|Catholic devotees wave their palm fronds as a lay minister sprinkles holy water at them during the blessing after Palm Sunday mass at the Our Lady of Lourdes Grotto in San Jose Del Monte, Bulacan province, north of Manila March 24, 2013. Filipino Roman Catholic flock to churches with palm fronds as they observe Palm Sunday, signalling the start of Lenten season. Photo by Romeo Ranoco, Reuters
MANILA - Catholic devotees in the Philippines flocked to churches on Palm Sunday (March 24), bringing palm leaves to be blessed by priests.
Thousands of worshipers in Manila attended the morning mass service at the Santo Domingo Church and waved their palm fronds in front of the Catholic priest as he blessed them with holy water.
The blessing rite recalls the story of Jesus Christ's entrance to Jerusalem before his passion and crucifixion. He was welcomed by the people with cheers while strewing his path with small branches of trees.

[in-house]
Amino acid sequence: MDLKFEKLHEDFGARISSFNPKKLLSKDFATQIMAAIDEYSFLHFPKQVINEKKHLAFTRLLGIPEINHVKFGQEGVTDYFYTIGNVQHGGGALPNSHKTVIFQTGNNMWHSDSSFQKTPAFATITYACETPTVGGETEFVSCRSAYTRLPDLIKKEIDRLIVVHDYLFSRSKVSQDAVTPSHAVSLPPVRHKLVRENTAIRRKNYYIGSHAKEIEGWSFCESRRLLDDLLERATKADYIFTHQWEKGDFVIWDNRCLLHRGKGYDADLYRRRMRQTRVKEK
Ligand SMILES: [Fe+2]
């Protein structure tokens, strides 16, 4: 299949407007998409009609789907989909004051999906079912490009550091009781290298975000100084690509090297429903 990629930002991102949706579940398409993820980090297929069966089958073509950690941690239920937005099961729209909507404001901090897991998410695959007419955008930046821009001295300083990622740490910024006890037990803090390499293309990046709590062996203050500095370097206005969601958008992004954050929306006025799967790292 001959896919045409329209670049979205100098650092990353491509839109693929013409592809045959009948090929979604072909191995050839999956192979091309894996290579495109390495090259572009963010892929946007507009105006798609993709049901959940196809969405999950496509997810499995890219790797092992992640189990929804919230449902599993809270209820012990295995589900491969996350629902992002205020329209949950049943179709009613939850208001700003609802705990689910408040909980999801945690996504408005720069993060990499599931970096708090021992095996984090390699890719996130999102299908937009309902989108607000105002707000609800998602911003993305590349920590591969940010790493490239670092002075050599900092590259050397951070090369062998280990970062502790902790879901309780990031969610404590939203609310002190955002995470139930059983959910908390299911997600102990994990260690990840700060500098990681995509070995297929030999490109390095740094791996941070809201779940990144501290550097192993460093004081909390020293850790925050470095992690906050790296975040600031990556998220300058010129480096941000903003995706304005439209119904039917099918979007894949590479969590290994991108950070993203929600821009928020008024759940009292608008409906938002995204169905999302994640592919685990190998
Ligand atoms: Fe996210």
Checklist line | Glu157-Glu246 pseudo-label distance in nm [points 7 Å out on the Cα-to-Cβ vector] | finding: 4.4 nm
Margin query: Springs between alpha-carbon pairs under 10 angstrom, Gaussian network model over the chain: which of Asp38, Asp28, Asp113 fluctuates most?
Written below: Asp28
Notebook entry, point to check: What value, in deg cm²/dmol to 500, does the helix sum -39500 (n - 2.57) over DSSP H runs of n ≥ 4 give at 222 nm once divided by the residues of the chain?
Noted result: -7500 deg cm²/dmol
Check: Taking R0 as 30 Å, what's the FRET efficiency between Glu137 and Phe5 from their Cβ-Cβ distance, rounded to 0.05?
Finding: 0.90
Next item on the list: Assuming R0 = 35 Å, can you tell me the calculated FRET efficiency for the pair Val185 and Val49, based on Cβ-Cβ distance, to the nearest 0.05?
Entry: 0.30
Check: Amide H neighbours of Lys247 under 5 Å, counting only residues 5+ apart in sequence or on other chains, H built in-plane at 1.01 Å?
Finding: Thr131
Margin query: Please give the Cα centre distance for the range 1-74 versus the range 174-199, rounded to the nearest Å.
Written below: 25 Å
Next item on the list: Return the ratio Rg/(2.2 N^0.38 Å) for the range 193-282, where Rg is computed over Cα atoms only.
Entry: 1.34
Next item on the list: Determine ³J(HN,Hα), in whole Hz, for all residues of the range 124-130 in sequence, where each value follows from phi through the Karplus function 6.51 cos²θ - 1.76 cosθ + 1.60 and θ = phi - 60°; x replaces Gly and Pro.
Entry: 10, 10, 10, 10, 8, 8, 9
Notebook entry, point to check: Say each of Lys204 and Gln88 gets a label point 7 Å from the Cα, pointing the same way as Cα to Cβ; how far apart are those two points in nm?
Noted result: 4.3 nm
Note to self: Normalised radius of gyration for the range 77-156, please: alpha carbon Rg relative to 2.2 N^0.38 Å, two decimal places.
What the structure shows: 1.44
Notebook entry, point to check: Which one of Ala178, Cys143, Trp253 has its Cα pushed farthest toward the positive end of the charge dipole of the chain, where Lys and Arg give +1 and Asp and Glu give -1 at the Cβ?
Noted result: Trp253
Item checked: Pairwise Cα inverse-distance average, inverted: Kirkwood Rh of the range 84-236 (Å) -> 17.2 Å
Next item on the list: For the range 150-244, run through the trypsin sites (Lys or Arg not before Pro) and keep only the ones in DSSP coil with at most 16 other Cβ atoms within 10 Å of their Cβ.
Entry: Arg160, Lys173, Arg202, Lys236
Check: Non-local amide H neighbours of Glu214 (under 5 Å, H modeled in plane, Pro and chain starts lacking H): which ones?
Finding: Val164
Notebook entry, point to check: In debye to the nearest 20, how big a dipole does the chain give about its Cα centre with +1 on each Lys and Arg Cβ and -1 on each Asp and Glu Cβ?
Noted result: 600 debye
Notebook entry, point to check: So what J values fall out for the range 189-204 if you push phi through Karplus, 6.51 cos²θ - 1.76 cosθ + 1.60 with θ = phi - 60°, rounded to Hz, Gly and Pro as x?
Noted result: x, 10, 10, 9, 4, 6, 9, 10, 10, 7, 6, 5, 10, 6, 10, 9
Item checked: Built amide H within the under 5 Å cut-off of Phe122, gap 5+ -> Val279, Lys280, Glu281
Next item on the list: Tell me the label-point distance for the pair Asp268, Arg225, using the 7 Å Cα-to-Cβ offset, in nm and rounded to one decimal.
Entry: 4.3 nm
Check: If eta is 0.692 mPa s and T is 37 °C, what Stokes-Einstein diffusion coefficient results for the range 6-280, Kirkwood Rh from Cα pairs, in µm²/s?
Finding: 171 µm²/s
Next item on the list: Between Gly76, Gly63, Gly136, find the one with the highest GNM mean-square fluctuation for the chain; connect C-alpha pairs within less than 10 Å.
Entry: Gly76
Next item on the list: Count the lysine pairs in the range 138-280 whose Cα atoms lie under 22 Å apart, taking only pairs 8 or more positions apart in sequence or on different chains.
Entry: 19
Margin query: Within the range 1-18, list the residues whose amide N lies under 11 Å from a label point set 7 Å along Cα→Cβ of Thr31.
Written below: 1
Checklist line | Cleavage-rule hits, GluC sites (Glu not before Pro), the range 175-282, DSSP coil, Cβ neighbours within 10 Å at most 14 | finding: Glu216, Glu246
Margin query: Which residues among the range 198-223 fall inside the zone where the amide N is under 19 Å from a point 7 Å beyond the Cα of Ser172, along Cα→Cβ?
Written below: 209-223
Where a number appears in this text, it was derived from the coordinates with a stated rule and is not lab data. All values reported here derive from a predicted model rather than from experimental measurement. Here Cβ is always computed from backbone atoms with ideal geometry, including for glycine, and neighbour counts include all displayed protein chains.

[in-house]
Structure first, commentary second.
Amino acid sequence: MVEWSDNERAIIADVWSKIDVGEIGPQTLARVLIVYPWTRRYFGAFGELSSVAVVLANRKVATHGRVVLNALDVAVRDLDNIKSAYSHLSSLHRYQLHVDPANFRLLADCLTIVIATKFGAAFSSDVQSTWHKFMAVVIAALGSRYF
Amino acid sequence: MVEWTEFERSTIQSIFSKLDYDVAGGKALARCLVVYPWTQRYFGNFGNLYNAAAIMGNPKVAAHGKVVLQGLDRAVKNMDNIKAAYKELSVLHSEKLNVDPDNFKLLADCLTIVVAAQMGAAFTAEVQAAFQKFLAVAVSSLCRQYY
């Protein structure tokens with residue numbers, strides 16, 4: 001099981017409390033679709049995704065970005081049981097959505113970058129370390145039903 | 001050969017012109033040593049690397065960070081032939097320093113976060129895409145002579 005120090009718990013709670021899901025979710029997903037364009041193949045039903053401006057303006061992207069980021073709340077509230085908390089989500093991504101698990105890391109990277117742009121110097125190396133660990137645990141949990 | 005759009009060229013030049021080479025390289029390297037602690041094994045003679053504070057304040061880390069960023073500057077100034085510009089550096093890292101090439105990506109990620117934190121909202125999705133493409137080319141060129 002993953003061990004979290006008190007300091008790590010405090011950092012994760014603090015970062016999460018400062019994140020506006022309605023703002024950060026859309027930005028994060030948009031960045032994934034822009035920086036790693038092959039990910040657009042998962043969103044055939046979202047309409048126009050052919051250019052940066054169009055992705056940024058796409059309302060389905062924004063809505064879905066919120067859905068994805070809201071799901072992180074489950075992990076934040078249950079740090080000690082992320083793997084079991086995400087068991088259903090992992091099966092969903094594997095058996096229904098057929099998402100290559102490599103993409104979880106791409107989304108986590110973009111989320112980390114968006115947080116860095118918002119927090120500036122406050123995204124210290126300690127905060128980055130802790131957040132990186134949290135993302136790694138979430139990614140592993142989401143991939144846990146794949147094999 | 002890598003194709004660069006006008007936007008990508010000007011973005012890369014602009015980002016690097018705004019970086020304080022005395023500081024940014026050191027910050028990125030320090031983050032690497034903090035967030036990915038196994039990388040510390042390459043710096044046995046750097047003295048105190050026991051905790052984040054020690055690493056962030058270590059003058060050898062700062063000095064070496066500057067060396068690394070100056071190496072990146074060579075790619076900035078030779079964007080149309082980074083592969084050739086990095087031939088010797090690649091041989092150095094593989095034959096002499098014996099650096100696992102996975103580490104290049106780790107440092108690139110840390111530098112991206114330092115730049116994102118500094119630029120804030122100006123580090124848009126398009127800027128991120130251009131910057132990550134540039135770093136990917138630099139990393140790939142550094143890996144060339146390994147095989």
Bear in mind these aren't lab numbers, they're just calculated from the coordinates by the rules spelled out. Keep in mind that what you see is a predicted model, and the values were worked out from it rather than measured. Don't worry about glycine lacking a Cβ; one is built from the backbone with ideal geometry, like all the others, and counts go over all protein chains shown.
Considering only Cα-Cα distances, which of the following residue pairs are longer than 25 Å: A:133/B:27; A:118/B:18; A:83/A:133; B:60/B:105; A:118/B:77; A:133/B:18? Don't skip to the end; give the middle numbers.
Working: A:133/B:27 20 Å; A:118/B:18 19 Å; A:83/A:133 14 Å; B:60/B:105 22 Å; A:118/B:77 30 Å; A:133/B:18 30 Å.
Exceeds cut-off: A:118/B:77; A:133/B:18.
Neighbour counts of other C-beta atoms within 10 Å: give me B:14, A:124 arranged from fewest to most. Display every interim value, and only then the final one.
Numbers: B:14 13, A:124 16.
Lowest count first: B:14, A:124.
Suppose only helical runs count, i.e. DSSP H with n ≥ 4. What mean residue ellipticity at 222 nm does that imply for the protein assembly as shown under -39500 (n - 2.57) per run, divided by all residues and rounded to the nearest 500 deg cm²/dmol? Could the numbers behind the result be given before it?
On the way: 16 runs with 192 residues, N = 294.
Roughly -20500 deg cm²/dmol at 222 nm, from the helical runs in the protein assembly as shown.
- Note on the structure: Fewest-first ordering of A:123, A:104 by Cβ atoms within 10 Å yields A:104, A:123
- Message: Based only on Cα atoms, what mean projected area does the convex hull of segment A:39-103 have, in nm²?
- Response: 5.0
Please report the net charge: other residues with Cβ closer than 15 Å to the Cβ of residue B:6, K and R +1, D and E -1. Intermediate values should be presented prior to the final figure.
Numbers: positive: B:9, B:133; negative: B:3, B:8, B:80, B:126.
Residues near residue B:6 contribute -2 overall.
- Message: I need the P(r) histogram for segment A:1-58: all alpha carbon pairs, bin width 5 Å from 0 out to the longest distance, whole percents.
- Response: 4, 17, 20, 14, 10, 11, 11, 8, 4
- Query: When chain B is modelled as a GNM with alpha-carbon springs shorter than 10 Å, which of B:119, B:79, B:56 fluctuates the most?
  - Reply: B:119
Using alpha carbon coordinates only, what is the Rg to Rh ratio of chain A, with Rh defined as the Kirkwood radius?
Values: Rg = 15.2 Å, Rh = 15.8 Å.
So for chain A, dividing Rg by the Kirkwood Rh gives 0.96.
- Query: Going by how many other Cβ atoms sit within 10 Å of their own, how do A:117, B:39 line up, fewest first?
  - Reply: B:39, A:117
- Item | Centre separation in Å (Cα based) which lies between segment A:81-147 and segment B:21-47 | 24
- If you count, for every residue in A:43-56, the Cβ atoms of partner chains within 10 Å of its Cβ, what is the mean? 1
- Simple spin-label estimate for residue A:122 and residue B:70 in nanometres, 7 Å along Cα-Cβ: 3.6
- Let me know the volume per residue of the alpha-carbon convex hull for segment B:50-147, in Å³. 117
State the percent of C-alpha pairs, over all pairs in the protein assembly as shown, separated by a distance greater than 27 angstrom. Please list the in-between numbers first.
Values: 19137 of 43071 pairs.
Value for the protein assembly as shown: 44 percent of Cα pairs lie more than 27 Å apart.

In Catholic belief, the waving of palms is a symbol of discipleship.
"We value this tradition passed down to us from our elders as we can show our love to God through this act," said churchgoer Maria Apron.
Some devotees attribute the waving of palm fronds as a sign of the faithful's desire to be with Christ through his suffering.
"We celebrate Palm Sunday because we are happy to serve our Lord," said another Catholic Julio Tolentino.
Palm Sunday is fraught with significance in predominantly Catholic Philippines.
After the mass, devotees usually return home and hang their blessed palm fronds on their front doors or windows as a sign of welcoming Christ in their homes.
Filipino Catholics believe that hanging the palms can also ward off evil.
Palm Sunday marks the start of Holy Week, and the eight days leading to Easter Sunday where Catholics remember the last stretch of Christ's earthly life as recorded in the Bible. These are the most intense days in the Roman Catholic Church's liturgical calendar.
Over 80 percent of the 94 million population in the Philippines are practising Catholics.